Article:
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December 11, 2014

How & When to Get Off the Relationship Carousel.

vintage couple illustration

When I was a teenager and young adult, there were always those couples who would break up and then get back together in a few weeks or months.

One memorable pair seemed to have their break-ups and make-ups timed with the seasons: at the beginning, they would part ways and by fall semester, they would get back together.

While it’s easy to laugh at such things and dismiss them as silly, youthful things, the truth is, there are a lot of people well past young adulthood that fall into this trap. In some cases, they may even move out of a shared home and separate only to come together again and again.

While it’s not up to anyone other than ourselves and the person we are with to decide whether or not we should continue to break up and make up, there is a feeling amongst many that we simply can’t quit someone. There may also be a fear of co-dependency.

(Having spoken to people who were in this situation and finally left it, the biggest regret that came up time and again was that it took them so long to finally walk away.)

Therefore, when we fear that we are on the relationship carousel and are seriously questioning if should get off or climb back aboard, here are a few things to keep in mind or ask ourselves:

1. What were the reasons for ending things in the past?

Full confession: I was once in a relationship that was so on and off again, I couldn’t remember off the top of my head why we specifically broke up the 2nd time or the 5th. Luckily, I kept a journal and could see that it was always variations of the same thing: namely, my then-boyfriend’s fear of commitment.

If the reason is always the same, that can be a telling sign. Usually, it is a sign that things are unlikely to change or at least not without a lot of work and (sometimes) professional help.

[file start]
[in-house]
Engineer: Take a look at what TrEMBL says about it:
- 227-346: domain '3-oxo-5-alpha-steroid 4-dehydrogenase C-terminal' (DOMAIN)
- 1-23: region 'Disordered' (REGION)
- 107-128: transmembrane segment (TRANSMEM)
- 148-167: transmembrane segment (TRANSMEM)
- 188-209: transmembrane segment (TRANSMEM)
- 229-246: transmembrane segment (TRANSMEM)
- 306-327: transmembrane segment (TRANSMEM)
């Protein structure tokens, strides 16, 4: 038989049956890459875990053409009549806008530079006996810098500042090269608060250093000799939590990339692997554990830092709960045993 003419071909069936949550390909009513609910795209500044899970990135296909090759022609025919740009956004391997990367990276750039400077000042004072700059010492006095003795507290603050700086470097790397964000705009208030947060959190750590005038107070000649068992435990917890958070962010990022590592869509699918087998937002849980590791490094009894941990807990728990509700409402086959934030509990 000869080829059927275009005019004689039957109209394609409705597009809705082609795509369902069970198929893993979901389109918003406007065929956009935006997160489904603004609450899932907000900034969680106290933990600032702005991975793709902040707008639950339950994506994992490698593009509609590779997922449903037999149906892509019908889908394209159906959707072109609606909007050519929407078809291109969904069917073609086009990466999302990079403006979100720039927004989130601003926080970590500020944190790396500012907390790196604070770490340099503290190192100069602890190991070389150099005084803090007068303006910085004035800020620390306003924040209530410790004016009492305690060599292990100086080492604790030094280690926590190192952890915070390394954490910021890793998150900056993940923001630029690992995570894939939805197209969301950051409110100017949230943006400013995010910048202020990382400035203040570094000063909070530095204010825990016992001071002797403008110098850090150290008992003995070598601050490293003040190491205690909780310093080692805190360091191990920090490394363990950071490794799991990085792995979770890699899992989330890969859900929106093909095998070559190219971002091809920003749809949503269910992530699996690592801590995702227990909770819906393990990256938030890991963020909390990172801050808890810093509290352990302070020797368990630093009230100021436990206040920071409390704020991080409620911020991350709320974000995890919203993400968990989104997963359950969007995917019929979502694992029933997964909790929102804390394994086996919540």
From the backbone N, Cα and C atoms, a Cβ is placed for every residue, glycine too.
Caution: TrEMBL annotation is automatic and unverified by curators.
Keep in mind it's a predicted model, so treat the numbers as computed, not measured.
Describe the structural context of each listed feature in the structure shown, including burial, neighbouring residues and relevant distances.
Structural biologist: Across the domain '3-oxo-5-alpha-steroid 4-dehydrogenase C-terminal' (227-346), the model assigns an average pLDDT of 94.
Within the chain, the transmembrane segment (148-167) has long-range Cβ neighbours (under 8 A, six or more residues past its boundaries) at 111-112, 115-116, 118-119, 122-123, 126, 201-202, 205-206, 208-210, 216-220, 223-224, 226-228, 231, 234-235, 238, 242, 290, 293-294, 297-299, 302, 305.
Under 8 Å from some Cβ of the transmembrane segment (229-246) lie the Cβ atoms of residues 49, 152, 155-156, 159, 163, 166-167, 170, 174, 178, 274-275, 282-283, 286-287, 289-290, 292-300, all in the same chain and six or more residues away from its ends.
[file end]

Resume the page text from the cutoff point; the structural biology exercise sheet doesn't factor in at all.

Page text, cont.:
2. What draws me back to this person and the situation?

No one wants to ever confess it may be something as mundane as great sex, but let’s face it: a lot of people go back to their former boyfriends and girlfriends for that and many other far more mundane reasons.

In the case of married couples or those who co-habitat, there may be a financial element as well.

Now is not the time to be politically correct. Sometimes it is necessary to face certain truths no matter how uncomfortable they may be.

If for instance, there is a financial reason and we feel we cannot make it on our own without our partner or someone waiting in the wings, it might lead us to seek professional help to see where these issues are coming from and how to move past them. Perhaps then, we can make clearer choices, not only for where we want to go in our relationships but in life in general.

As my late grandmother once said, sometimes you have to be uncomfortable for a while to get to a place that finally feels good.

3. Where would I be without this relationship?

By “where,” I mean emotionally as well as physically.

For instance, does it trigger homeless or loneliness fears? Perhaps we feel that without this relationship, we could pursue some sort of dream we’ve had on hold for awhile. (For example, a friend of mine ended a nearly 20 year relationship that had been stale for a while and finally made her dream of moving out to the Southwest a reality.)

It may be a good idea to write these thoughts down.

Again, much like #2, it is important to be as honest as possible and include both the pluses and the minuses. It’s only by being completely honest, can we ever hope to get off the relationship carousel.

In closing, nearly all of us have been in one of these relationships at some time or another. Choosing to get off can be hard, but it can be done if we are honest and if we decide it is really in our best interest to move on.

Of course, if we choose to stay, that is ultimately our choice as well.

At the very least, we can use these tips to see what it is that keeps us keep getting back on.

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Author: Kimberly Lo

Editor: Catherine Monkman

Photo: MCAD Library/Flickr

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